The length of time you and your spouse are separated can play a part in your divorce proceedings under some circumstances, but in other cases, it doesn't matter at all. It depends entirely on where you live, and if you want to – or even can – file for divorce on fault grounds.
Separation as Grounds
In some states, such as Maryland, separation is the only no-fault grounds available if you want to file for divorce without accusing your spouse of any wrongdoing. In Maryland, you must meet the separation requirement, which specifies the time you spend living apart from your spouse, before you may file for divorce. This isn't true everywhere, however. Illinois requires a separation period for its no-fault grounds, but you can live separately for the requisite period of time after you file. Your divorce will become final after you've passed the separation milestone, which is usually six months if you and your spouse are in agreement to end your marriage. Fault grounds, such as adultery or cruelty, typically don't require any period of separation.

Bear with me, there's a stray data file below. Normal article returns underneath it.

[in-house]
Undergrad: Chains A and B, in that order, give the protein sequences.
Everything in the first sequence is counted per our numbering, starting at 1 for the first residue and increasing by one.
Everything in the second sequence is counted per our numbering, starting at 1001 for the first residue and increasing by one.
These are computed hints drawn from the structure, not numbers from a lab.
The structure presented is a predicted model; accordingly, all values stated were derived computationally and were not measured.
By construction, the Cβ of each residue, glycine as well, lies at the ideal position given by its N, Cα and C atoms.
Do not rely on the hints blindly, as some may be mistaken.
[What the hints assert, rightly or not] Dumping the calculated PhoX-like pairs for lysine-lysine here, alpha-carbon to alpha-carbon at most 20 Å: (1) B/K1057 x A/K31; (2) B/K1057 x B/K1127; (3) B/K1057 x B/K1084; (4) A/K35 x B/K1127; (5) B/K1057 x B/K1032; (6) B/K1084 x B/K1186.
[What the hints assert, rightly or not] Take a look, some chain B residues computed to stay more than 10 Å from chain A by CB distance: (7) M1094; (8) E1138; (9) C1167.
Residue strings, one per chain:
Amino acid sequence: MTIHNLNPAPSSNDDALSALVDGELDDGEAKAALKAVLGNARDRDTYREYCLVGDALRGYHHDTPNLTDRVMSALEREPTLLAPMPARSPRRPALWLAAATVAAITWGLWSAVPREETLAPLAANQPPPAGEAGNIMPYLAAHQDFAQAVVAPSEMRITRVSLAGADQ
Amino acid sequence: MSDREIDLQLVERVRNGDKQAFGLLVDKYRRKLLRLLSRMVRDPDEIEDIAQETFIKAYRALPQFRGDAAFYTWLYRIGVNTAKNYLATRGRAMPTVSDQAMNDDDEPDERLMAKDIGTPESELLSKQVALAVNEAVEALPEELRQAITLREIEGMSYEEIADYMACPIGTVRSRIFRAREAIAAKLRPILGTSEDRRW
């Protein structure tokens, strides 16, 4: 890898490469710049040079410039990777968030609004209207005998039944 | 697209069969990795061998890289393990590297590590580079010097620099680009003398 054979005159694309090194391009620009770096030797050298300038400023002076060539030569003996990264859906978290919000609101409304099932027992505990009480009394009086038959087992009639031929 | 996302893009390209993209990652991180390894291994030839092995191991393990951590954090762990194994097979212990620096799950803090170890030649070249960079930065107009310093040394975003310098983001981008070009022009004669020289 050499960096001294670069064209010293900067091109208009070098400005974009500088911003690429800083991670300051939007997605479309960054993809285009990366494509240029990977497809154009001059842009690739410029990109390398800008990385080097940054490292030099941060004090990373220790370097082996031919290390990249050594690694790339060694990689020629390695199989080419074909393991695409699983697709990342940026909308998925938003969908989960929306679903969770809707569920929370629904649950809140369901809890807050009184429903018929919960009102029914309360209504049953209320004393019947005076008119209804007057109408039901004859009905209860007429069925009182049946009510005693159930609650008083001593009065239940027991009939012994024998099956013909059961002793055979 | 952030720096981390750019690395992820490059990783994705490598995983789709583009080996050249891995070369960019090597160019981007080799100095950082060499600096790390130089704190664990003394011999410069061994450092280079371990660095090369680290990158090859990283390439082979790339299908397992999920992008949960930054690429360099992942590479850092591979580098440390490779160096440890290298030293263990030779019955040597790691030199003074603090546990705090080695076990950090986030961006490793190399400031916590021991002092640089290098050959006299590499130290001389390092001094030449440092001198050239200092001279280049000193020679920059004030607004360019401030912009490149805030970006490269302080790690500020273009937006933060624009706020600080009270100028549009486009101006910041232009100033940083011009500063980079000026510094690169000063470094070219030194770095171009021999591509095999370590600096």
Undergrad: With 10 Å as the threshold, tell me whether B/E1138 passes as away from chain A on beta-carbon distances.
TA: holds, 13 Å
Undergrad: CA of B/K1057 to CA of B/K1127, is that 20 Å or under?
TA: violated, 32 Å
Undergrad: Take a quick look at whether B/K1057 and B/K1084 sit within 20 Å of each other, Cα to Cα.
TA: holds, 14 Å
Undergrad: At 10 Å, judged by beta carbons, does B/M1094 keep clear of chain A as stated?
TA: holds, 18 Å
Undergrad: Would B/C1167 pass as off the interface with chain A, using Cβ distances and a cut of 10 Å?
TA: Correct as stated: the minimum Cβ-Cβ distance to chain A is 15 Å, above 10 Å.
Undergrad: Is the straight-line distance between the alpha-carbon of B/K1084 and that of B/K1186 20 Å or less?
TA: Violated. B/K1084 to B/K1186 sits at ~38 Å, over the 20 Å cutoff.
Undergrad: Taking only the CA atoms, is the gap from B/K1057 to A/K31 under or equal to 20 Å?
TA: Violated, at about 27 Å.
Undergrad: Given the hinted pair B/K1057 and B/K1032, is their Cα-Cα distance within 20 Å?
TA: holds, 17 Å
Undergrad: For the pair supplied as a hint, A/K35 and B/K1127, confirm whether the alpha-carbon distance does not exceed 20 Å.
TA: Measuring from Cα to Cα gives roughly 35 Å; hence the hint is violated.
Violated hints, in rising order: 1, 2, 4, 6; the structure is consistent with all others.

Qualifying for Residency
Some states, such as California, allow you to file for judicial separation – commonly called legal separation – even if you don't meet the residency requirement to file for divorce. In these jurisdictions, after you've lived in the state long enough, you can simply amend or convert your separation decree to a divorce decree if you like, so that your separation counts toward your divorce in this respect, as well.